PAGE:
, 320 (1) (443 SE2d 474
) (1994). See also State v. Armstrong, 223 Ga. App. 350 (477 SE2d 635) (1996)
"When a police officer makes a stop and restrains an individual's freedom to depart, that person is seized. The Fourth Amendment requires that the seizure be reasonable to assure the individual is not subject to the discretion of the official in the field." (Citations and punctuation omitted.) Armstrong, supra at 351 (1). "A brief investigative stop of a vehicle by a law enforcement officer is considered reasonable if it is justified by some objective manifestation that the person stopped is, or is about to be, engaged in criminal activity." (Citations and punctuation omitted.) Id. The stop is illegal "if based only on an unparticularized suspicion or hunch," and "[t]here must be a specific, articulable suspicion which is determined by looking at the totality of the circumstances." (Citations and punctuation omitted.) Id. See also Vansant, supra at 320 (2).
We have previously held "[i]f the officer acting in good faith believes that an unlawful act has been committed, his actions are not rendered improper by a later legal determination that the defendant's actions were not a crime according to a technical legal definition or distinction determined to exist in the penal statute" because "[i]t is not the officer's function to determine on the spot such matters as, e.g., jurisdiction or the legal niceties in definition of a certain crime, for these are matters for the court." (Citations omitted.) State v. Webb, 193 Ga. App. 2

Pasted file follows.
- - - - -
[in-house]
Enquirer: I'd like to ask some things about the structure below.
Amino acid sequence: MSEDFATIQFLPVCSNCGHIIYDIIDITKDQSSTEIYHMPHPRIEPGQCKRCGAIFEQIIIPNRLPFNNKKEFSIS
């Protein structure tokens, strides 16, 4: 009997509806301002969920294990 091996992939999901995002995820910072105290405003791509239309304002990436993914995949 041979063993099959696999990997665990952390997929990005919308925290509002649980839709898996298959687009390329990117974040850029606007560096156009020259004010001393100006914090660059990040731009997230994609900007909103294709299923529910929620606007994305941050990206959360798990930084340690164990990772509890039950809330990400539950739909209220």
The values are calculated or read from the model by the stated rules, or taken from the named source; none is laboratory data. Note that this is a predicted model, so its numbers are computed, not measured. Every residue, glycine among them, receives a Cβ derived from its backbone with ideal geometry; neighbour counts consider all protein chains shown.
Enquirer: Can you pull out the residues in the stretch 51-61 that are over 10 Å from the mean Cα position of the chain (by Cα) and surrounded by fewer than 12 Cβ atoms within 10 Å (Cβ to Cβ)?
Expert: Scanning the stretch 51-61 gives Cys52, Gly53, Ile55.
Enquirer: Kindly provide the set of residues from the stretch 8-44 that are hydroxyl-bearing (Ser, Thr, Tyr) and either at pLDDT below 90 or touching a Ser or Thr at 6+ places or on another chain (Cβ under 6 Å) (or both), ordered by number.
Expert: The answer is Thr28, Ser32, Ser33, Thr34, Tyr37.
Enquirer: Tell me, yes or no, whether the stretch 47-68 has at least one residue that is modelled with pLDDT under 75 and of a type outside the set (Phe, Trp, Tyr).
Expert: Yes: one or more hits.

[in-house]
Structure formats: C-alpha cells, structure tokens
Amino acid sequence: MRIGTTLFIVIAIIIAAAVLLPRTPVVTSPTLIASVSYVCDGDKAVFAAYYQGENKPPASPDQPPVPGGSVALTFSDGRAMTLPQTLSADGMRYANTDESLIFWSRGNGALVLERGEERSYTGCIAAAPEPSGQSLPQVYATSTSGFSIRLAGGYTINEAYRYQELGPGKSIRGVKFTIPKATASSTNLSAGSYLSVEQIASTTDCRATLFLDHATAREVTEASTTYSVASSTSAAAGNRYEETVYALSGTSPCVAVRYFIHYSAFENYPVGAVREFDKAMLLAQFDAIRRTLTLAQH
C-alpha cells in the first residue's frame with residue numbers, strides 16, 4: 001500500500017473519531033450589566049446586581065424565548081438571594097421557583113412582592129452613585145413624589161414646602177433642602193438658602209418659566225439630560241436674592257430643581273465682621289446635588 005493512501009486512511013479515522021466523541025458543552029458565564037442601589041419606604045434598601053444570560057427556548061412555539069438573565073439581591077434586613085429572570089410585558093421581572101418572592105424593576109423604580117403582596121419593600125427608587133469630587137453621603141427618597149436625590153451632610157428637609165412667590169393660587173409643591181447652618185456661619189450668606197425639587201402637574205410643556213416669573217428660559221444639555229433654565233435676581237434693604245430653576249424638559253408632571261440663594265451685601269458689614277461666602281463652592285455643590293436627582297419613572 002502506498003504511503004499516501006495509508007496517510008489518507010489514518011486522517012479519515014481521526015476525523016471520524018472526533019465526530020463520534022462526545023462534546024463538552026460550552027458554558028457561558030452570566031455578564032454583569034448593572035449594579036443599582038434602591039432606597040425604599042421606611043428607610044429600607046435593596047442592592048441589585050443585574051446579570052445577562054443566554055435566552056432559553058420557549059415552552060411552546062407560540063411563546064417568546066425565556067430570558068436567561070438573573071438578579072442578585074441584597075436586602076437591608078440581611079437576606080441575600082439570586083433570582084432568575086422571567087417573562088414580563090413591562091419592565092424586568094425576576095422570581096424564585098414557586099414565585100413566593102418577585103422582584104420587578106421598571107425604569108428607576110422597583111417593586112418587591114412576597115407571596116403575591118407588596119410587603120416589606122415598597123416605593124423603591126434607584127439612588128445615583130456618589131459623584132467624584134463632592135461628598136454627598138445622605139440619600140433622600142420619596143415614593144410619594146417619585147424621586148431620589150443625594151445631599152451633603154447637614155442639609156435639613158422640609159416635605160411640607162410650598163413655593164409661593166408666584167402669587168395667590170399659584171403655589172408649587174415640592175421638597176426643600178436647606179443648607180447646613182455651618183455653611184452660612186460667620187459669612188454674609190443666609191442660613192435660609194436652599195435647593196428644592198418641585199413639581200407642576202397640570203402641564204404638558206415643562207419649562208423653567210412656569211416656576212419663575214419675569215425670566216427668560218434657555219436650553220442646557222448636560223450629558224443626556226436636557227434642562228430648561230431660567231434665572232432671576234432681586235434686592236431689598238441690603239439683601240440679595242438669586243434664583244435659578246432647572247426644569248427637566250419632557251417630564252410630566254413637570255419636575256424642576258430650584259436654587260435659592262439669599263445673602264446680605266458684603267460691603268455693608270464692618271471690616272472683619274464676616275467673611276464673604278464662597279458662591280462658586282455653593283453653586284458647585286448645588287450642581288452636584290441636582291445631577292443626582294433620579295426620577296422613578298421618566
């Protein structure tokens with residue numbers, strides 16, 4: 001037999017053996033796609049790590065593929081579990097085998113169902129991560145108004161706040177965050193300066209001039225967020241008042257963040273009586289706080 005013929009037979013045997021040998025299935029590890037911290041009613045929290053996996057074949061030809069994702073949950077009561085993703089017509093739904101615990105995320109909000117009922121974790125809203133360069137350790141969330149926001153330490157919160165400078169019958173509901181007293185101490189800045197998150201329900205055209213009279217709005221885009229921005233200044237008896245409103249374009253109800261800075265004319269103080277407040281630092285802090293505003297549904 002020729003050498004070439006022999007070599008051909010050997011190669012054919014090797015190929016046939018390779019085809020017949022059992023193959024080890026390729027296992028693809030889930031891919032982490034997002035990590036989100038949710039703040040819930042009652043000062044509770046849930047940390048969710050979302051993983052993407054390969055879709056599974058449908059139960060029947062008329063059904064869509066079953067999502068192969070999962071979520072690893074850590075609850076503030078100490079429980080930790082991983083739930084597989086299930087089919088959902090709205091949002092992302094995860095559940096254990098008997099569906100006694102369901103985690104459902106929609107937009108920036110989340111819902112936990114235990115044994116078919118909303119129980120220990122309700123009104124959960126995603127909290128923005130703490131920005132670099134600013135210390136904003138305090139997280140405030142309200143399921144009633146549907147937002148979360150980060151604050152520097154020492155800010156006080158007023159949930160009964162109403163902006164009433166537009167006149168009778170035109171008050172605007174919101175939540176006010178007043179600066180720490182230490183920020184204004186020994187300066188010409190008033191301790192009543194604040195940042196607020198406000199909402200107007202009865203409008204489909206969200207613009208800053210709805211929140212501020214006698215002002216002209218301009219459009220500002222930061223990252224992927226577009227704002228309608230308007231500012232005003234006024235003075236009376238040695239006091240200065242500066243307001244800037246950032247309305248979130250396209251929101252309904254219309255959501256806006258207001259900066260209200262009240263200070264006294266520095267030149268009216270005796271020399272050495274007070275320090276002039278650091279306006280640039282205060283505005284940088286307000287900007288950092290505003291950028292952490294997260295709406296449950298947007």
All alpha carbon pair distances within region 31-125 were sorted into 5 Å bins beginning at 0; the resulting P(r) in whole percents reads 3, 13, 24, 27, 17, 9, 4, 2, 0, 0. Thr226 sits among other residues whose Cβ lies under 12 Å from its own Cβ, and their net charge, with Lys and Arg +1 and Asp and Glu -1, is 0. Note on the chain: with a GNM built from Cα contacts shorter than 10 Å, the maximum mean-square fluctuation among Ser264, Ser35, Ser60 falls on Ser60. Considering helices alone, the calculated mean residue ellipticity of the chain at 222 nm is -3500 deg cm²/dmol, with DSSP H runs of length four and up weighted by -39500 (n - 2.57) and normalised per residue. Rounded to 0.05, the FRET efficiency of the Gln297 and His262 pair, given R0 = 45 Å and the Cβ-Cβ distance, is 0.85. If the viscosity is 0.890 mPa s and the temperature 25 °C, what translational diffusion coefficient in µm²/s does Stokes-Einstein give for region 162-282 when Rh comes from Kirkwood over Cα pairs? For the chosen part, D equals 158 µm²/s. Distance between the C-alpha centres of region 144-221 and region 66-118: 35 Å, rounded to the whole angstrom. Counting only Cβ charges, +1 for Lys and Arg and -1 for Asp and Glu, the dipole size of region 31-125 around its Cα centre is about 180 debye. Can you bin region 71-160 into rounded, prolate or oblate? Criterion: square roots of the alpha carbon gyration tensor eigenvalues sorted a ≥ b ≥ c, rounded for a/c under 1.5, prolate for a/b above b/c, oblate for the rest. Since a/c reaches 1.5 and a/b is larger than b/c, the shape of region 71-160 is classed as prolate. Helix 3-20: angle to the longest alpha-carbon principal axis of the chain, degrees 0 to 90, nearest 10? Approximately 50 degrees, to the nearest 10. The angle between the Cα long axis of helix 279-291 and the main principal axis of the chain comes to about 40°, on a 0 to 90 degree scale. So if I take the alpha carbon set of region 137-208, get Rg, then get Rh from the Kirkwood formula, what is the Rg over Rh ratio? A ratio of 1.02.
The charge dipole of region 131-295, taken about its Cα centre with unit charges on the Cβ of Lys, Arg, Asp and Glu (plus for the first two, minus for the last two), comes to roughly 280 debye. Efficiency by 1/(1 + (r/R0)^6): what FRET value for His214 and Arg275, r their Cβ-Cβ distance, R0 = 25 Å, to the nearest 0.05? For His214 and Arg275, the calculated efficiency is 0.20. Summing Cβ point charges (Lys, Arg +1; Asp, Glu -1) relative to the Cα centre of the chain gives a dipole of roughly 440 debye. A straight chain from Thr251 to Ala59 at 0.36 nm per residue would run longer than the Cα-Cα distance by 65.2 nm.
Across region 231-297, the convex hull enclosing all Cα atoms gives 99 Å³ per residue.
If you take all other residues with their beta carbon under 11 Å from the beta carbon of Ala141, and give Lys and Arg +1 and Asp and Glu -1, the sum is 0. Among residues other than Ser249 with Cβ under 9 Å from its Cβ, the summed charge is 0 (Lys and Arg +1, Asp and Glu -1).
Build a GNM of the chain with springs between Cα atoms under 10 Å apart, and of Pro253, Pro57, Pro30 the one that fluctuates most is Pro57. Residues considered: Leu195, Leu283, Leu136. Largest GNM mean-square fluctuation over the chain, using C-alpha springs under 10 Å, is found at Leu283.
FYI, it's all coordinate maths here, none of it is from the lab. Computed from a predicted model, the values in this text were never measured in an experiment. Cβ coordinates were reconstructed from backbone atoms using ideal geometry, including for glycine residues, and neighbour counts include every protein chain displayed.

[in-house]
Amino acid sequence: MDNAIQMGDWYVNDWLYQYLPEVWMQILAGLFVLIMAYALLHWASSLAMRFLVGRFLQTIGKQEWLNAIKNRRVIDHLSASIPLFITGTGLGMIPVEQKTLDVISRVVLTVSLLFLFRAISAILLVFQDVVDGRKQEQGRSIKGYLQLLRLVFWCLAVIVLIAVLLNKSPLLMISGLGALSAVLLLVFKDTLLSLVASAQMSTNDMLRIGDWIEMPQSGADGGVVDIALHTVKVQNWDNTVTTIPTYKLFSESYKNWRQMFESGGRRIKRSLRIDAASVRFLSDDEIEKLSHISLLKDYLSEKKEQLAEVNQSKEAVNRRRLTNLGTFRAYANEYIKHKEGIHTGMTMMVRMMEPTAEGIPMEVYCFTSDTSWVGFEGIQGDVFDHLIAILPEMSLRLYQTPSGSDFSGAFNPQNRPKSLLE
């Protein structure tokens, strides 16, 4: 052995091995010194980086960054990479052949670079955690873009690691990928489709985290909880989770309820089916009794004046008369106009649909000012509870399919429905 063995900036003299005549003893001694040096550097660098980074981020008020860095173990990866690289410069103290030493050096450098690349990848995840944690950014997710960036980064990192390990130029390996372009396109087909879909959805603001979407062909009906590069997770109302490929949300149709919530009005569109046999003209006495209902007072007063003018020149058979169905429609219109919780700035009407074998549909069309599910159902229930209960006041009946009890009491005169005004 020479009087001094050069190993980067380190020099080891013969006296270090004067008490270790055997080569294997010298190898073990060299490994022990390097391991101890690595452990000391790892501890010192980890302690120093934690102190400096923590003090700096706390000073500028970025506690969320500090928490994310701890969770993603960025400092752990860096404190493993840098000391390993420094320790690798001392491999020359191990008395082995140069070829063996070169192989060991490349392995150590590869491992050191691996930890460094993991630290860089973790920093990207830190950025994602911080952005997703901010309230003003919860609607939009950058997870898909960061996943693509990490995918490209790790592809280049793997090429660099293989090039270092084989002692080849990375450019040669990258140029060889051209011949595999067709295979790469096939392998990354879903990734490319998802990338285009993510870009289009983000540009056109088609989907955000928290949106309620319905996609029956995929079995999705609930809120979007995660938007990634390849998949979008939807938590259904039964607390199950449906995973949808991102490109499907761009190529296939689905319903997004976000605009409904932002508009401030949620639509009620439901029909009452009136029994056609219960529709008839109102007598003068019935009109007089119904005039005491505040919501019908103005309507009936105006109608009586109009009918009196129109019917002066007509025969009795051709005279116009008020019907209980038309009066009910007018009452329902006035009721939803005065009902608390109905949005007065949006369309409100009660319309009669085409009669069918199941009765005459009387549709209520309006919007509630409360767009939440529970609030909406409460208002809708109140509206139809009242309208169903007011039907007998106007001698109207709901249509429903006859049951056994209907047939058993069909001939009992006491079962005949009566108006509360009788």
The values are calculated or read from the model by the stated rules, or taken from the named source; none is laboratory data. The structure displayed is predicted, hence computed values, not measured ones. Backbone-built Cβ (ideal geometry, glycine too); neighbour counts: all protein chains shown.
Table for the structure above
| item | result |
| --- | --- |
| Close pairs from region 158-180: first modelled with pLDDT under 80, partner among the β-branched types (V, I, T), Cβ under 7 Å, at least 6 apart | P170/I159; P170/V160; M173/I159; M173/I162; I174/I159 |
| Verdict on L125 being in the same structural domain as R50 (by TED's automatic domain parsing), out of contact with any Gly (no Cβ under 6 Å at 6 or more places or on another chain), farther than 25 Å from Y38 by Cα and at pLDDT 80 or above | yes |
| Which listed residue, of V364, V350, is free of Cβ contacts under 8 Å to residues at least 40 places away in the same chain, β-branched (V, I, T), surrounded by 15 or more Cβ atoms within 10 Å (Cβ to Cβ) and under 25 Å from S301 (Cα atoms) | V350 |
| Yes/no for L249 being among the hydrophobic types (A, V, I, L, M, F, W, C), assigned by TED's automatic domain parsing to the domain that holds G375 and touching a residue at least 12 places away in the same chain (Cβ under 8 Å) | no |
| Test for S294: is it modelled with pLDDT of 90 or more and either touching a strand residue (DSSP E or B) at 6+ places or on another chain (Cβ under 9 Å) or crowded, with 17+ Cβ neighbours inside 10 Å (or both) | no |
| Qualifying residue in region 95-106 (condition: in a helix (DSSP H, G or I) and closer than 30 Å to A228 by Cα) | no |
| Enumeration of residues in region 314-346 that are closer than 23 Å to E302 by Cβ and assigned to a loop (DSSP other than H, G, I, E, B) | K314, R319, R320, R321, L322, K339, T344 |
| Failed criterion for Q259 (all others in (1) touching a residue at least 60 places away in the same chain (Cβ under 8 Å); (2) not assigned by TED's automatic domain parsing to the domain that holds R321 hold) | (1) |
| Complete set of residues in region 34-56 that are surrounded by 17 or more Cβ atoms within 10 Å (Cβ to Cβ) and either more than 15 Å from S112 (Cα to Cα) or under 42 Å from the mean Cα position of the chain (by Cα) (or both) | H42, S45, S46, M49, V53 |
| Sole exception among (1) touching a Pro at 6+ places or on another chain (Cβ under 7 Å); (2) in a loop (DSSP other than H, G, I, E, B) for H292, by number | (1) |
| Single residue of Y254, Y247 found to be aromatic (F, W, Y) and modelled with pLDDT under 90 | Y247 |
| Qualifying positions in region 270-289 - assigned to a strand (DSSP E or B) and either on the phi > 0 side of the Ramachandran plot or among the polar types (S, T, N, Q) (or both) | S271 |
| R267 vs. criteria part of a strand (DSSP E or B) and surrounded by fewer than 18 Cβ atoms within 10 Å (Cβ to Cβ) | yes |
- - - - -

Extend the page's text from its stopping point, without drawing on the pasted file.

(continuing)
, 3 (1) (386 SE2d 891
) (1989). See also Armstrong, supra; Allenbrand v. State, 217 Ga. App. 609
, 610 (1) (458 SE2d 382
) (1995). Nevertheless, where a statute upon which an officer bases his stop is later determined to have not been violated, the stop still must be "justified by specific, articulable facts sufficient to give rise to a reasonable suspicion of criminal conduct." (Citations omitted.) State v. Jones, 214 Ga. App. 593
, 594 (448 SE2d 496
) (1994). See also State v. Goodman, 220 Ga. App. 169 (469 SE2d 327) (1996)